Despite extreme volatility, bitcoin’s price has clearly shown explosive demand. Until one can clearly determine where that demand is coming from, how long it will be sustained and at what price, can one start predicting and charting its course. The same goes for the plethora of other cryptos, some good and some absolutely rotten, that enter this space and dilute the offering.

But it’s a huge playground, as shown in this table of investment and speculative deployment of money. It was extrapolated from a graphic worth looking at here, and published by the Visual Capitalist. The figures are not fully comparable with each other because I updated some of them.

One simply cannot begin to calculate crypto-currencies’ share or potential share of the total and much of the criticism levelled at crypto currencies can be levelled at many of the instruments shown. But connecting some less apparent dots creates a much more disturbing picture: the overwhelming weight of finance over the real economy, which is GDP and key influencing factors such as debt. Clearly finance is no longer being informed and driven by GDP, but is driving it! And in the worst possible way of trying to extract maximum short term, speculative gains! It reverses an old and wise economic law – enterprise leads and capital follows.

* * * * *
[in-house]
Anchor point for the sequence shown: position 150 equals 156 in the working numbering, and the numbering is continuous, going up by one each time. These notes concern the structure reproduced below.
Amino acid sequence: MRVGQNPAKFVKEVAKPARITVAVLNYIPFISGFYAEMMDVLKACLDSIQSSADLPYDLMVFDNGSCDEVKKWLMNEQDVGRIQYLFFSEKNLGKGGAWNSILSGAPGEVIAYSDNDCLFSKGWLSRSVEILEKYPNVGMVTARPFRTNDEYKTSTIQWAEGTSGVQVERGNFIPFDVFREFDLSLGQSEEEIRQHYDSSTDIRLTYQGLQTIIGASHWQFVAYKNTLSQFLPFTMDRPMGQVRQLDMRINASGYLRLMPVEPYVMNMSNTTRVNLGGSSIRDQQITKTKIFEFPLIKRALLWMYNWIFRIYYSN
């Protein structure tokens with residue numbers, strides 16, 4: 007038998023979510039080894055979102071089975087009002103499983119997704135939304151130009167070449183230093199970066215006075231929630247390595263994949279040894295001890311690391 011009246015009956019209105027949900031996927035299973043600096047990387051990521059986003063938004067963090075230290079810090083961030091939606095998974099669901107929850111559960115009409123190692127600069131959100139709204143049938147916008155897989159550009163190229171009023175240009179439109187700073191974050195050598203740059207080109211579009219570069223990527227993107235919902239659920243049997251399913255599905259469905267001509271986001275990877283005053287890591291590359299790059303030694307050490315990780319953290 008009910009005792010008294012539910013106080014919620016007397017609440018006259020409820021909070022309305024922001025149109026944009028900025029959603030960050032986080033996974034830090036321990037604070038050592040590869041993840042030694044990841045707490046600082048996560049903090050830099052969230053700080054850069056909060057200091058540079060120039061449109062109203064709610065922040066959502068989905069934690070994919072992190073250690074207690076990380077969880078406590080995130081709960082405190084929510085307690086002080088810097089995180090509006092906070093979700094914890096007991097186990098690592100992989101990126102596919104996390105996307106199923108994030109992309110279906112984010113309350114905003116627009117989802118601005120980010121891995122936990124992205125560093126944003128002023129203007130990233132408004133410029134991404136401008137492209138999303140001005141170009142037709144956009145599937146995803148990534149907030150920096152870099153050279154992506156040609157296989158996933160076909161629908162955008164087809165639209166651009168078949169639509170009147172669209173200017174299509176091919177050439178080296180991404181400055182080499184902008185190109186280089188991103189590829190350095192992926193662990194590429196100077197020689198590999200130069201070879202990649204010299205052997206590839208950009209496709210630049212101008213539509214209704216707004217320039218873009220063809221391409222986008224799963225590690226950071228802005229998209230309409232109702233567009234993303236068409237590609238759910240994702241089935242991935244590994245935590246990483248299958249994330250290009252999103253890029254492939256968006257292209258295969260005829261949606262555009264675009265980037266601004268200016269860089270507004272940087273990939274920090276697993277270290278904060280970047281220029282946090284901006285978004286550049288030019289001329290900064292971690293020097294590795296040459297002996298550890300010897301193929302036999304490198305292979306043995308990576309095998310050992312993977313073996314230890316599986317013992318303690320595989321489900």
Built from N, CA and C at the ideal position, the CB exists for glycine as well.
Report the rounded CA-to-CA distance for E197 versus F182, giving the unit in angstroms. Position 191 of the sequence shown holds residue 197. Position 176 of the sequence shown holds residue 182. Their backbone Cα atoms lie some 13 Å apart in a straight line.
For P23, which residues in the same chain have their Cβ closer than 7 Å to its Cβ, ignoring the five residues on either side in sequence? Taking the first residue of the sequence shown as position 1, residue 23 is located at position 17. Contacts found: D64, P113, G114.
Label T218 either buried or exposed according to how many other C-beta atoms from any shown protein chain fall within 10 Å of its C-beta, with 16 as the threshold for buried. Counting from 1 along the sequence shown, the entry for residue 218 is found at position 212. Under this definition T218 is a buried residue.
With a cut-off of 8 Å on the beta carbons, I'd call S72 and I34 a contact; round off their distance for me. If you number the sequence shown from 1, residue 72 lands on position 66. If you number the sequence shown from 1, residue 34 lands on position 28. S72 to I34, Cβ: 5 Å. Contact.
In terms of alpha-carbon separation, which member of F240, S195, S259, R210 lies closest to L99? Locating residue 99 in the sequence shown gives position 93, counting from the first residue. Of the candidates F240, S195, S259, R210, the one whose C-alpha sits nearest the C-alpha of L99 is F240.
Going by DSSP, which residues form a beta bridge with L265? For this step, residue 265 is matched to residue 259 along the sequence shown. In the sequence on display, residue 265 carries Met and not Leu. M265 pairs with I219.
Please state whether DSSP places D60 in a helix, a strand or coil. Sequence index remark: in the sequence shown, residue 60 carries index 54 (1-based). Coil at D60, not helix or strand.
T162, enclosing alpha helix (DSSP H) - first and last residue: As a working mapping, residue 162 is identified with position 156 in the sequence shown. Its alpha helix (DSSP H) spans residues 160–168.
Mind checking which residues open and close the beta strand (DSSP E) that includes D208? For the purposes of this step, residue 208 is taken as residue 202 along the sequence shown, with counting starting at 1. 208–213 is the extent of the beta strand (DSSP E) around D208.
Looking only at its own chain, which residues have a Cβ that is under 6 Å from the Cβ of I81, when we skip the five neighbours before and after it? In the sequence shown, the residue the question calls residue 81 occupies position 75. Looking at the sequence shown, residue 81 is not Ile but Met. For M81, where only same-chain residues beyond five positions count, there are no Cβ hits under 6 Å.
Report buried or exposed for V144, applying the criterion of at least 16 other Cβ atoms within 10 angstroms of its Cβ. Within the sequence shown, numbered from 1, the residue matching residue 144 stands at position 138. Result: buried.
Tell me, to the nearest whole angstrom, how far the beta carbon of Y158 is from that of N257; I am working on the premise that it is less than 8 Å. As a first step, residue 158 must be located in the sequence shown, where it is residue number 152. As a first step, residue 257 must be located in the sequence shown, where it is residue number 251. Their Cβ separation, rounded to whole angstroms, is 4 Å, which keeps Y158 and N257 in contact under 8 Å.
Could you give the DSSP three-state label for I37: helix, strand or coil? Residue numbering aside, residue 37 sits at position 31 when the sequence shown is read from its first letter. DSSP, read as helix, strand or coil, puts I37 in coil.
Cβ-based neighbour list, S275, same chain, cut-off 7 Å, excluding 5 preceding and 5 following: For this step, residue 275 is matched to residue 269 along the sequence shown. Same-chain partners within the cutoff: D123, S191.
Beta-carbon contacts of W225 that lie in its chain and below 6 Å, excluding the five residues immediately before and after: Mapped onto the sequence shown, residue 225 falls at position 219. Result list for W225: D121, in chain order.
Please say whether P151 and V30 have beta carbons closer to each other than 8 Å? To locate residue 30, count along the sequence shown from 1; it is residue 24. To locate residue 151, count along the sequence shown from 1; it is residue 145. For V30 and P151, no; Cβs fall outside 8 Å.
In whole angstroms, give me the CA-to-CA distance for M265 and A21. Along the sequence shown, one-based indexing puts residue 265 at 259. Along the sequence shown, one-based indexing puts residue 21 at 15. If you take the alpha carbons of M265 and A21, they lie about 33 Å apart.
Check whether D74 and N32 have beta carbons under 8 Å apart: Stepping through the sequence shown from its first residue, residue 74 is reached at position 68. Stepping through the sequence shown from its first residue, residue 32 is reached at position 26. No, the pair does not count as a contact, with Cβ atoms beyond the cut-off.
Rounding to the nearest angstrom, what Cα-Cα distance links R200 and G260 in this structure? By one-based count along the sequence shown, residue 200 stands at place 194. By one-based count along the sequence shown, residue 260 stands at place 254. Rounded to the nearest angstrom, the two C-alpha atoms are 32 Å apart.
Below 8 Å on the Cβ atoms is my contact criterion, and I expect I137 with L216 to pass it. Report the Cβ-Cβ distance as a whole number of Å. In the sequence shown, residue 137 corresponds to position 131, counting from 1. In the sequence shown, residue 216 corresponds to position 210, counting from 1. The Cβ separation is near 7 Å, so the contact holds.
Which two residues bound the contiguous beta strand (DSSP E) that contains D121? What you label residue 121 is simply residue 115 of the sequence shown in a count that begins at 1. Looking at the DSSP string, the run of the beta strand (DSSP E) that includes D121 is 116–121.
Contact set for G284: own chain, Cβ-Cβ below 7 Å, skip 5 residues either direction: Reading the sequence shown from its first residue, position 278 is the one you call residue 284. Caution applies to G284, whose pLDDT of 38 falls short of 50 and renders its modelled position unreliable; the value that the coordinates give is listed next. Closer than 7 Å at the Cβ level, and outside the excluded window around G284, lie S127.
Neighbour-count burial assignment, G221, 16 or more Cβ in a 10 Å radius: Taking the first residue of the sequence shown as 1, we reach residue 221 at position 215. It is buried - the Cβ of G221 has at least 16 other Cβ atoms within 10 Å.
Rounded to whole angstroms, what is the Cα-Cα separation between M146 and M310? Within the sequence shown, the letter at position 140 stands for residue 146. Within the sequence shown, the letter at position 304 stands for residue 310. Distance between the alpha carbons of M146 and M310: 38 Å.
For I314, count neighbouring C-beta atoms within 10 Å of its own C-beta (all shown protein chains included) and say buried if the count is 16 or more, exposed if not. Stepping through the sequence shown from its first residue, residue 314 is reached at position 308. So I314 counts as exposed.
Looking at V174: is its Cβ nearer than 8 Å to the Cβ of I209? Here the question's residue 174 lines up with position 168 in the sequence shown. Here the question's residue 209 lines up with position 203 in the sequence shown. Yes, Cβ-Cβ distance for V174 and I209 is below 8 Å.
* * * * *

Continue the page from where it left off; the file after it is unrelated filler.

It explains a lot about what is wrong with the world.

Monday, September 4, 2017

An age of economic soul-searching.

Was the great recession a bigger game changer than we realise?

In women’s month, on a cold Sunday night in the farm-workers’ compound, cheap wine-fuelled joviality again turns to discord. A stone is thrown in drunken fury. A skull is crushed. A young women dies. A young man ends in jail. One life is ended, another destroyed. Neighbours and co-workers become sworn enemies. Tranquillity in the small community is shattered.  

A few more decibels are added to the clamour about gender violence. Another line is written in the tome of hazy hopelessness that is the life of a very large part of a young generation. And just as many in the final generation, those whose formative years were marked by much post-war deprivation but large promise of “never again”, reflect sadly on what has been done to that promise. It’s a global story. The content may differ, but the context is the same: a fractured, disconnected, economically malfunctioning world.  Is the new normal, as Dutch economist, Servaas Storm says: “radical inequality, suffocating debt, job uncertainty, secular stagnation and a vanishing middle-class”? Theories abound. Purists argue that their elixirs were never purely administered. Solutions exceed the problems themselves, but none has proved to be a lasting absolute truth. Some hope that the current few green shoots in the desert will still the dissent.

We are not too afraid of “unchartered waters”, drawing some comfort from history that we have been in unfamiliar places before, and somehow emerged with new approaches and discoveries. This time is no different. But perhaps it is in the scale and depth of questioning all assumptions about economics and about ourselves as a species. The view increasingly being seen is through an evolutionary rather than the traditional reactive quantitative lens – do we evolve or construct on statistical models? This lens is being captured in research directions and discoveries within evolutionary economics and complexity economics, and driven by a number of institutions and scholars.